Does your work still look bunched? Proper finishing will eliminate the worst of it. Give your item a good wet blocking. Wash it carefully in a mild soap and rinse thoroughly. Gently press out the moisture between towels, and dry flat, pinning it into shape. On Shetland, they have special “wooly boards” or ‘’wooly horses” designed just for drying garments in shape. Washing also brings out the “bloom” of Shetland wool, that lovely halo of fibers that visually soften and blend the colors and patterns.

Alarming Color Charts

Traditional Fair Isle knitting employs geometric patterns that have a logical sequence, making them easy to remember. Fair Isle knitting is knitted in the round. On a chart, each square represents a knitted stitch, either a pattern stitch or a background stitch. Every row of the chart represents a pattern repeat that continues around the piece. Read from right to left, from bottom to top.

It’s a worthwhile habit to learn to “read” your work. Really look at your knitting. Watch the pattern emerge from the background. A nice trick is to place a Post-It note over the rows you’ve worked just under the current row. By reading your work, you’ll see where you’ve been and by consulting the chart, see where you’ll be going.

Loose Ends

Weaving in loose ends is a necessity, but it’s not necessarily evil. One idea is to weave the end of the old yarn in while joining the new yarn. Leave the beginning of the new yarn to weave in later, after you’ve progressed a few inches. I try to weave the ends back into their same row in the direction they’re coming from. I weave them into the purl “bumps” on the back of the work, but you might choose to be more fanatic and follow the course of the stitches.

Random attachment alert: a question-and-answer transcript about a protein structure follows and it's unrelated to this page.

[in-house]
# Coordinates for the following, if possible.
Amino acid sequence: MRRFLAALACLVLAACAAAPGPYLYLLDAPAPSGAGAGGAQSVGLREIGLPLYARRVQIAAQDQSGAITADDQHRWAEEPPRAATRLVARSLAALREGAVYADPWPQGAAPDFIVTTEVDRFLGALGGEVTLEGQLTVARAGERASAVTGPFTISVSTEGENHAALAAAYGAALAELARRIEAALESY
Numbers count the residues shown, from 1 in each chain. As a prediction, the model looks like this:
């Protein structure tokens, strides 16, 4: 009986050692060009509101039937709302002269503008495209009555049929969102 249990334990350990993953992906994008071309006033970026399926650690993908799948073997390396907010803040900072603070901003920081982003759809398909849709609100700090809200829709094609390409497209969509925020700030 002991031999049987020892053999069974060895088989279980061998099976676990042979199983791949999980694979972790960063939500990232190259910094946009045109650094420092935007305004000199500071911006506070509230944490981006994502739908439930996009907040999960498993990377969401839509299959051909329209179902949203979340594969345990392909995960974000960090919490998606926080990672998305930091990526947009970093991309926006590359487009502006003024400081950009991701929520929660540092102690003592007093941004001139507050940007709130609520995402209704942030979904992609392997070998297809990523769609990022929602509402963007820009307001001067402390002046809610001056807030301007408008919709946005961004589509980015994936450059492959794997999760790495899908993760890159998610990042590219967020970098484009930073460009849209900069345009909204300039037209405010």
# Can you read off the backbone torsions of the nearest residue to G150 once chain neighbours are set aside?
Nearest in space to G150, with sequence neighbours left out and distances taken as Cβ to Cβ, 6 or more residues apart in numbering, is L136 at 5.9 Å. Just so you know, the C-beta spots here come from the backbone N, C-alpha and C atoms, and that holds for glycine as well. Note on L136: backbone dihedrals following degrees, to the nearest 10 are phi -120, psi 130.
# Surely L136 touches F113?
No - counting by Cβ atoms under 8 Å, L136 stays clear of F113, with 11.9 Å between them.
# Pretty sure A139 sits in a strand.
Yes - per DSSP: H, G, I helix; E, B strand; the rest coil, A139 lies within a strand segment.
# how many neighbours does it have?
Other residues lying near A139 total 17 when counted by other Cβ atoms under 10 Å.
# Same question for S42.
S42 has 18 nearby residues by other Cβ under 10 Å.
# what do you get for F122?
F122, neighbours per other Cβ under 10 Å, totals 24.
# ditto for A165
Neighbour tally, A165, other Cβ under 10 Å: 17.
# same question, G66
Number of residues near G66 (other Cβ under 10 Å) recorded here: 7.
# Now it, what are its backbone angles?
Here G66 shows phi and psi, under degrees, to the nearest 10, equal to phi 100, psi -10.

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Now, I’ll ‘fess up’ with what I do and offer a couple of additional ideas. Usually, I don’t weave in any of my ends till the bitter end. I think of these unruly friends as a project separate unto itself. I lose track of time, and I often feel like I’ve been abducted by aliens. The work becomes pleasantly mesmerizing. You might also consider eliminating ends altogether by spit-splicing old and new colors together. And finally, in Shetland, they sometimes don’t weave the ends in at all, but knot them. Imagine deliberately creating knots—it could be liberating!

Just as Parmigiano-Reggiano comes only from Parma, true Fair Isle knitting comes from only from the knitters of Fair Isle. That said, the possibilities for working with Fair Isle techniques are endless! We’re lucky to have the Fair Isle knitters’ hundreds of years of expertise to guide us in creating our own personal Fair Isle style.

Mary Jane Mucklestone loves to spread Fair Isle love through lively, fun, and informative classes. Keep up with her at www.MaryJaneMucklestone.com.

 This article was originally published, in its entirety, in the 2011 spring edition of Interweave Knits. Read the first half of this piece here.

(Originally posted on April 25, 2019; updated October 2, 2019.)